Many Indian newspapers today are filled with reports about the Indian police’s charge-sheet against Indian Maoist leader Kobad Ghandy containing a reference to a meeting with Nepali Maoist leader Pushpa Kamal Dahal Prachanda in 2006 as if Ghandy did a crime by meeting a leader who had, by then, left behind the underground politics for peace in Nepal. Nepali Maoists have obviously objected to the charge-sheet saying it had no relevance to the present situation. The question is: so what if Ghandy met Prachanda? They are both Maoists and its but natural for them to meet. When the meeting occurred, their parties were not declared terrorists by their respective states. Moreover, the biggest irony is, Nepali Maoists were in DELHI, New Delhi, even when they were the ‘most wanted terrorists’ in Nepal. India provided them with shelter. India brought the then terrorists Maoists of Nepal and other political parties together in Delhi to broker what became famous as 12-point agreement.
Delhi Police: Ghandy met Prachanda
The Delhi police on Friday filed a chargesheet against the banned CPI (Maoist) leader Kobad Gandhy saying that he had met Nepal Maoist chief Prachanda abroad and knew about the abduction and killing of Jharkhand cop Francis Induwar.
Filing the chargesheet before chief metropolitan magistrate Kaveri Baweja, the special cell alleged that Ghandy was involved in anti-national activities and was in Delhi to create a base for Maoist activities before his arrest in September last year. The police, in its 700-page chargesheet, informed the court that Ghandy had gone abroad to countries like Germany, Belgium and Nepal, where he met Prac-handa, to discuss the activities of his organisation. (contd.)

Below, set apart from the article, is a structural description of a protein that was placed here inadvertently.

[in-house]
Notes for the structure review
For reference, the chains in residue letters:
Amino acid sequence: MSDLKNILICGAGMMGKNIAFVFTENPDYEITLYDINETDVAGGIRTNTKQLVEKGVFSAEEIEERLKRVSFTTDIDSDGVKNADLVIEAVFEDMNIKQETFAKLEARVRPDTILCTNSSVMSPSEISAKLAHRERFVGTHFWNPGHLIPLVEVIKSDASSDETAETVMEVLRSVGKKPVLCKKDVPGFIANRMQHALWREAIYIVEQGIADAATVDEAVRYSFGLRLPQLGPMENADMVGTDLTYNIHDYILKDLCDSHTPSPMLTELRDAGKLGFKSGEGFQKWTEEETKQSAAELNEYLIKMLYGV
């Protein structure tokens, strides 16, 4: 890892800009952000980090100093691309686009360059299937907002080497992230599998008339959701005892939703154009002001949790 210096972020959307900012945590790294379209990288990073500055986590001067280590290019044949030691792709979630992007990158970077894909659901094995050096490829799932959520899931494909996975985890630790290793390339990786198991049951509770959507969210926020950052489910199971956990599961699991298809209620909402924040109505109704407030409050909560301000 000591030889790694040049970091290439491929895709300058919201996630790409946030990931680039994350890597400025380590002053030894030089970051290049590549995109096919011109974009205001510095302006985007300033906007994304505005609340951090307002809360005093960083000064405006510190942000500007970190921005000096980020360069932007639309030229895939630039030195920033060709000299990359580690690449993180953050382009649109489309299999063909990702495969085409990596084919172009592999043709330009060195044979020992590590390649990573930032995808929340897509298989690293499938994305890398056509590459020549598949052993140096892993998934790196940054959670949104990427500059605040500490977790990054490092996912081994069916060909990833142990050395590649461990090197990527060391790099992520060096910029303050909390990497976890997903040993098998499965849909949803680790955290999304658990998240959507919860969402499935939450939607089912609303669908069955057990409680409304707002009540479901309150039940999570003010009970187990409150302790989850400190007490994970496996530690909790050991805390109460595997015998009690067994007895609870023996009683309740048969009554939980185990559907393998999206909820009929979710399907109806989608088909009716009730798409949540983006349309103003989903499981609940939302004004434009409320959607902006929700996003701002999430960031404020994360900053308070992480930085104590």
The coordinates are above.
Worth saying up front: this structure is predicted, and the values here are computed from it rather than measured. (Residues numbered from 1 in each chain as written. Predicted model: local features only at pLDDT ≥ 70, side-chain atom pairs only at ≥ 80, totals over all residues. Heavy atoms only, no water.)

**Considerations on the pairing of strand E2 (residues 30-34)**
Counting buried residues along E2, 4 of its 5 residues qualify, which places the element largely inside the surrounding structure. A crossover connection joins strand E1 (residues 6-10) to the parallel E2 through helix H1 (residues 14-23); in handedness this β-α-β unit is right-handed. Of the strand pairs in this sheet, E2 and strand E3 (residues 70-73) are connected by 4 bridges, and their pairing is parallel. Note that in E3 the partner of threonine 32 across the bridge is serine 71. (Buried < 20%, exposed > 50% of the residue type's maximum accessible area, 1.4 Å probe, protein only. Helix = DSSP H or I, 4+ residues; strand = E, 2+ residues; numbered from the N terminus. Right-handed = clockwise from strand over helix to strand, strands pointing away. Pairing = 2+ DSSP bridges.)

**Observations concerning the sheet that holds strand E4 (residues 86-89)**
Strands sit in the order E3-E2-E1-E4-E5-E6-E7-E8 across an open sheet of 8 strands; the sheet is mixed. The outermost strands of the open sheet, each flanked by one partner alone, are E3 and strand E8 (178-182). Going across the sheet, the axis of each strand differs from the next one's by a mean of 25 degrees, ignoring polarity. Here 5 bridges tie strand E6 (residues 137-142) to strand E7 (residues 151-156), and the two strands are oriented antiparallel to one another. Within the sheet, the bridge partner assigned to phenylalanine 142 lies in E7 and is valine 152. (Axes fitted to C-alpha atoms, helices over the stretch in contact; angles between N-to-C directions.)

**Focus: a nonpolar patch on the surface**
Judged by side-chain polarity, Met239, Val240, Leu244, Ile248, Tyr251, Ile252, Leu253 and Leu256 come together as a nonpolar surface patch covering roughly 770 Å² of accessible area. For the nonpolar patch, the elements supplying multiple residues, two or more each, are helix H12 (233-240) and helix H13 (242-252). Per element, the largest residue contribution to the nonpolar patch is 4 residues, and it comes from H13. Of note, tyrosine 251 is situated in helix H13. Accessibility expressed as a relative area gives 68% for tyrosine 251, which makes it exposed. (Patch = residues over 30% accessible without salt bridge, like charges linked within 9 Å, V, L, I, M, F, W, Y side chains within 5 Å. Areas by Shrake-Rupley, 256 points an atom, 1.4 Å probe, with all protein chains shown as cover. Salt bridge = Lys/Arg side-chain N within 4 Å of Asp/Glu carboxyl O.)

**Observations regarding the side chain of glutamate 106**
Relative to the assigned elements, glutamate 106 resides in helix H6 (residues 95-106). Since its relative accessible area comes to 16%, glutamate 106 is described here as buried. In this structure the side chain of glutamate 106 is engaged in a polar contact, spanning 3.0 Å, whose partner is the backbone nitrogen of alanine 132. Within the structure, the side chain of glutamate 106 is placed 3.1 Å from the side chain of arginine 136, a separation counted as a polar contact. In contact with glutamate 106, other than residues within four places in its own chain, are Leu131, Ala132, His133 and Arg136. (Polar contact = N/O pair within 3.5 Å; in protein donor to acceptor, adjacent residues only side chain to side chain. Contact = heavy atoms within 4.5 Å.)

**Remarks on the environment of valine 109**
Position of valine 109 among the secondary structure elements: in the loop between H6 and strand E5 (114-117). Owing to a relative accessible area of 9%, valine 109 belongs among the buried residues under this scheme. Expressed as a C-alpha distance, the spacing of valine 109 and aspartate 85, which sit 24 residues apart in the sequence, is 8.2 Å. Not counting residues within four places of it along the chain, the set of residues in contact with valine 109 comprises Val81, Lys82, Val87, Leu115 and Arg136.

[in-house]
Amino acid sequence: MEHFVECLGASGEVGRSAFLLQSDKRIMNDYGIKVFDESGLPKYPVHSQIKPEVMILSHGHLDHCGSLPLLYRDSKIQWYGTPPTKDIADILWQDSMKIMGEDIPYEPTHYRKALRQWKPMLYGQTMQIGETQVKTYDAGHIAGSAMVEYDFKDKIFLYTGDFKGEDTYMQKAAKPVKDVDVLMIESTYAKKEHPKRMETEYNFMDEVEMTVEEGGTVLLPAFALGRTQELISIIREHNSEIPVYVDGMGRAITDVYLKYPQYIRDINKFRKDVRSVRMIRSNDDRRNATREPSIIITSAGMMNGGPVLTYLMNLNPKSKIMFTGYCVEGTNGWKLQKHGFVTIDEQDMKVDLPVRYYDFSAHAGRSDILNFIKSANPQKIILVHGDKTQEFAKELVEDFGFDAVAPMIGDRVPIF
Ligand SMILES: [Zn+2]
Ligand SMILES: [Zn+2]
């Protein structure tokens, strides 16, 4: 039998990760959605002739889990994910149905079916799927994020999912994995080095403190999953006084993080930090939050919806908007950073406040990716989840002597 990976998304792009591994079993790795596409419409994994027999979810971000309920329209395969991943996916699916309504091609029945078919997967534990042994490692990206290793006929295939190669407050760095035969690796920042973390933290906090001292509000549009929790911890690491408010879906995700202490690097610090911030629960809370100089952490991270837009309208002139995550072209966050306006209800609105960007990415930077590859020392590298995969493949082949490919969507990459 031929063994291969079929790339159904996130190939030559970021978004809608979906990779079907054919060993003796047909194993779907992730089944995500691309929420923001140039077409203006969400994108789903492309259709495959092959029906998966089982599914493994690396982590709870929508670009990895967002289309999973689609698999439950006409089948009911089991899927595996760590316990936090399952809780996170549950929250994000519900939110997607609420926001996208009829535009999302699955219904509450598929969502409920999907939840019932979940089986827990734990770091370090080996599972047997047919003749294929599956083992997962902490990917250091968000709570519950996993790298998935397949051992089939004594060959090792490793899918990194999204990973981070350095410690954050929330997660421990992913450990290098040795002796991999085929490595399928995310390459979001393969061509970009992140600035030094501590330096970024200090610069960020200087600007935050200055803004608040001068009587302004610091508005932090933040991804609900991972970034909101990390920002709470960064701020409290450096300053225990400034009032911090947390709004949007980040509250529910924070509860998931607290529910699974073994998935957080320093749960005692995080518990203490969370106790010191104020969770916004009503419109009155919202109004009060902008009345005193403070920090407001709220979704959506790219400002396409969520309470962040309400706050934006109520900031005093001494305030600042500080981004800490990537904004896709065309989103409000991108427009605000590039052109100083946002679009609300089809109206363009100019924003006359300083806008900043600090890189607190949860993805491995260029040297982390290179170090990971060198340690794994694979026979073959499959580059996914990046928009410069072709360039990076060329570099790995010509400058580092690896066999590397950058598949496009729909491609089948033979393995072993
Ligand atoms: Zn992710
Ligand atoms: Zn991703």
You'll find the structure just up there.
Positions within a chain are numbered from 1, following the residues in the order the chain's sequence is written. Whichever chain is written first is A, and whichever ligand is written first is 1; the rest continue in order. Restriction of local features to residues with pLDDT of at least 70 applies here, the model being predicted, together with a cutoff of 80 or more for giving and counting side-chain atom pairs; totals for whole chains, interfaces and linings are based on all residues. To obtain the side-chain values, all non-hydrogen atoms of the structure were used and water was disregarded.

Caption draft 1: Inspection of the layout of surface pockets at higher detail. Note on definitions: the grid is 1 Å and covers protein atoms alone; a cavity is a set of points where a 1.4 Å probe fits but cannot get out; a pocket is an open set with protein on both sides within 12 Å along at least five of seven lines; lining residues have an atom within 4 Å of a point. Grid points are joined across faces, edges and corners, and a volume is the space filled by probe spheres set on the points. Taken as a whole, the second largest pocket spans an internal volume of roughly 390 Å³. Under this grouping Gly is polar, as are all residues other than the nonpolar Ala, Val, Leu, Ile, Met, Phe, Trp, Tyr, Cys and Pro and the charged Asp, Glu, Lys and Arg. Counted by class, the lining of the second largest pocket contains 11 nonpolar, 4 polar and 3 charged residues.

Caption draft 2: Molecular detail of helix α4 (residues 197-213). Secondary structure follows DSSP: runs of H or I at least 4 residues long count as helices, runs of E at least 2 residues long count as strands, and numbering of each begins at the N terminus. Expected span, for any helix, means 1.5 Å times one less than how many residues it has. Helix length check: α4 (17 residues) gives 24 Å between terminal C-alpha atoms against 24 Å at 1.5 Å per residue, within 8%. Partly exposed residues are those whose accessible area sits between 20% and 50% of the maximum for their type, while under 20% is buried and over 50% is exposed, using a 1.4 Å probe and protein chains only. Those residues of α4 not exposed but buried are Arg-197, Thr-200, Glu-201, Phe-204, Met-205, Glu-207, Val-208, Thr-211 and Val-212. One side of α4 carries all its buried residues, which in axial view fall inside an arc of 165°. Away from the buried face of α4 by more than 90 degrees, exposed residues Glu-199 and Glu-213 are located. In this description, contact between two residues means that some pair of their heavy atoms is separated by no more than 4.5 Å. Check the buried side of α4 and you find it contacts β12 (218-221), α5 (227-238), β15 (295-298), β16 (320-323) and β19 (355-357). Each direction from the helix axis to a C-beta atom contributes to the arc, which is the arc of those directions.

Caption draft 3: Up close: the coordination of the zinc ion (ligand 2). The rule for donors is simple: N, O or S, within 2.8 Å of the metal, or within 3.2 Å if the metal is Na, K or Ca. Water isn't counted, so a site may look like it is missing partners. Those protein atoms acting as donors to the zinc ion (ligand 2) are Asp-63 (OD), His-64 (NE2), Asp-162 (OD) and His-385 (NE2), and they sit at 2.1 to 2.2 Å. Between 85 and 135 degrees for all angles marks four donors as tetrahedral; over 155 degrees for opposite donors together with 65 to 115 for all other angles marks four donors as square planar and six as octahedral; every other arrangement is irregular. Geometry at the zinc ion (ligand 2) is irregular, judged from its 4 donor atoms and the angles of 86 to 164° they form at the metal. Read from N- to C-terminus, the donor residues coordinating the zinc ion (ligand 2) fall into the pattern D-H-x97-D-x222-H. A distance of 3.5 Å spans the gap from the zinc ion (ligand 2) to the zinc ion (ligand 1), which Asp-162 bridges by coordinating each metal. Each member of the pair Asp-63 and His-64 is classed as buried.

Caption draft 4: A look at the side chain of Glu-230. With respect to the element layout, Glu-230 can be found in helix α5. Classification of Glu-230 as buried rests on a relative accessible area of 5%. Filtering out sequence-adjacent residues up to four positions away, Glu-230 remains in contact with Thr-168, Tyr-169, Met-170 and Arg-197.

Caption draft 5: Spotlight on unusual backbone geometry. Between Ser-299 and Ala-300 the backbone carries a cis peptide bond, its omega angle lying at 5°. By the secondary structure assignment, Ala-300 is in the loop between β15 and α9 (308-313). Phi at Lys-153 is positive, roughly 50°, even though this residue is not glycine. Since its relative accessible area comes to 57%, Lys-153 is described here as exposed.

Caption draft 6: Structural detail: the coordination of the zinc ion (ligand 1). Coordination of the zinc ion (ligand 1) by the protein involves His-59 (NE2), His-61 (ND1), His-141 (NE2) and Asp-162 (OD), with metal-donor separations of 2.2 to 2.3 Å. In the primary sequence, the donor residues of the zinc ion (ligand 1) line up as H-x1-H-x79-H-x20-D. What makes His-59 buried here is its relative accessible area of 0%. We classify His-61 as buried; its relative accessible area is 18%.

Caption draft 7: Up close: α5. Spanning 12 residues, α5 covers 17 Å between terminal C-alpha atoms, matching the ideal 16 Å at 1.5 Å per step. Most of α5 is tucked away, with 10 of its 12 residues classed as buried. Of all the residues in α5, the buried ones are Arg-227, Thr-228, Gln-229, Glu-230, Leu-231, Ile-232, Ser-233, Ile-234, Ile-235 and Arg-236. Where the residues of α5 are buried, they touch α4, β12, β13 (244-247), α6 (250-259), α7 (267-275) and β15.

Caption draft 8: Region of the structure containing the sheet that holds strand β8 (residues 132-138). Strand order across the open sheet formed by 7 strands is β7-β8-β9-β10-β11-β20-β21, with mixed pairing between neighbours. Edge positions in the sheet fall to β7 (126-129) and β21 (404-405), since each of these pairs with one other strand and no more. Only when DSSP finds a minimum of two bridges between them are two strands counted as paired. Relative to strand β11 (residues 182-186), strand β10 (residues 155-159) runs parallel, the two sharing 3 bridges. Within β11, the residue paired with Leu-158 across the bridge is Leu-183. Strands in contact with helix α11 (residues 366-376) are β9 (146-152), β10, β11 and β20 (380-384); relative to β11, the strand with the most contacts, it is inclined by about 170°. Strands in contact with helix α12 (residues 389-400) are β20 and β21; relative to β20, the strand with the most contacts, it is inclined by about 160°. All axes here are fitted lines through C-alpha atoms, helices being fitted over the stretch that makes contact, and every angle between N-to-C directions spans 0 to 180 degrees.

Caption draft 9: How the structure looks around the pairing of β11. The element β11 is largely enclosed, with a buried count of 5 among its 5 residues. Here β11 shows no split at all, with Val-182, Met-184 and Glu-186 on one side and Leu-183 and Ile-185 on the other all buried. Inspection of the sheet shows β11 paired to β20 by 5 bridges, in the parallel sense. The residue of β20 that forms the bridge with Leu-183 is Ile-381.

Continue reading Maoists in India and Nepal
Of the 24 policemen killed in a Maoist attack in Silda, West Bengal, on Monday evening (15th), most were Nepali Indians.
This is an irony. The Nepali-speaking people of Darjeeling hills, the Gorkhas of India, who are fighting for the separation of the region from the West Bengal form the majority of those who died in the Maoist attack. They were fighting on behalf of the Bengali government against which their non-police folks are waging a political war. Maoists want to overthrow the Bengali and the Indian government to establish their own proletariat regime.
Here’s a report from Darjeeling: The mood swung between grief and anger as thousands of Gorkha men, women and children lined the streets of Darjeeling in the biting evening cold on Wednesday (yesterday), waiting for the bodies of 13 of the Eastern Frontier Rifles jawans slain in the Silda Naxal attack two days ago. For 24 hours, the state withheld names of those killed, putting thousands of families, whose kin are in EFR, through torment. On Wednesday, families knew who died but no one was telling them when the bodies would come back. Of the 24 EFR jawans killed, most were Nepali-speaking residents of Darjeeling, from where the Frontier Rifles are mostly drawn. At 9pm, the bodies were still an hour’s drive away from Siliguri, which meant it would be midnight by the time they reached Darjeeling. This delay scuppered Gorkha Janamukti Morcha’s plan to keep the bodies for public viewing. GJM that has been spearheading the agitation demanding separate Gorkhaland state has called a bandh tomorrow in memory of the dead. But the Bangla Bhasa Bachao Samiti, a Bengali group, has vowed to oppose the bandh.
The Indian Express presents a story of a Nepali Indian who died in the attack:
By Madhuparna Das
Silda : Suraj Bahadur Thapa of the Eastern Frontier Rifles — one of the 24 West Bengal policemen killed by Maoists on Monday evening — had a premonition of death. So in the days, perhaps hours, before the attack on the camp, the lonely policeman started to write to the most important person in his world — his wife. Continue reading India Maoist Attack: Nepali-speaking Gorkhas Die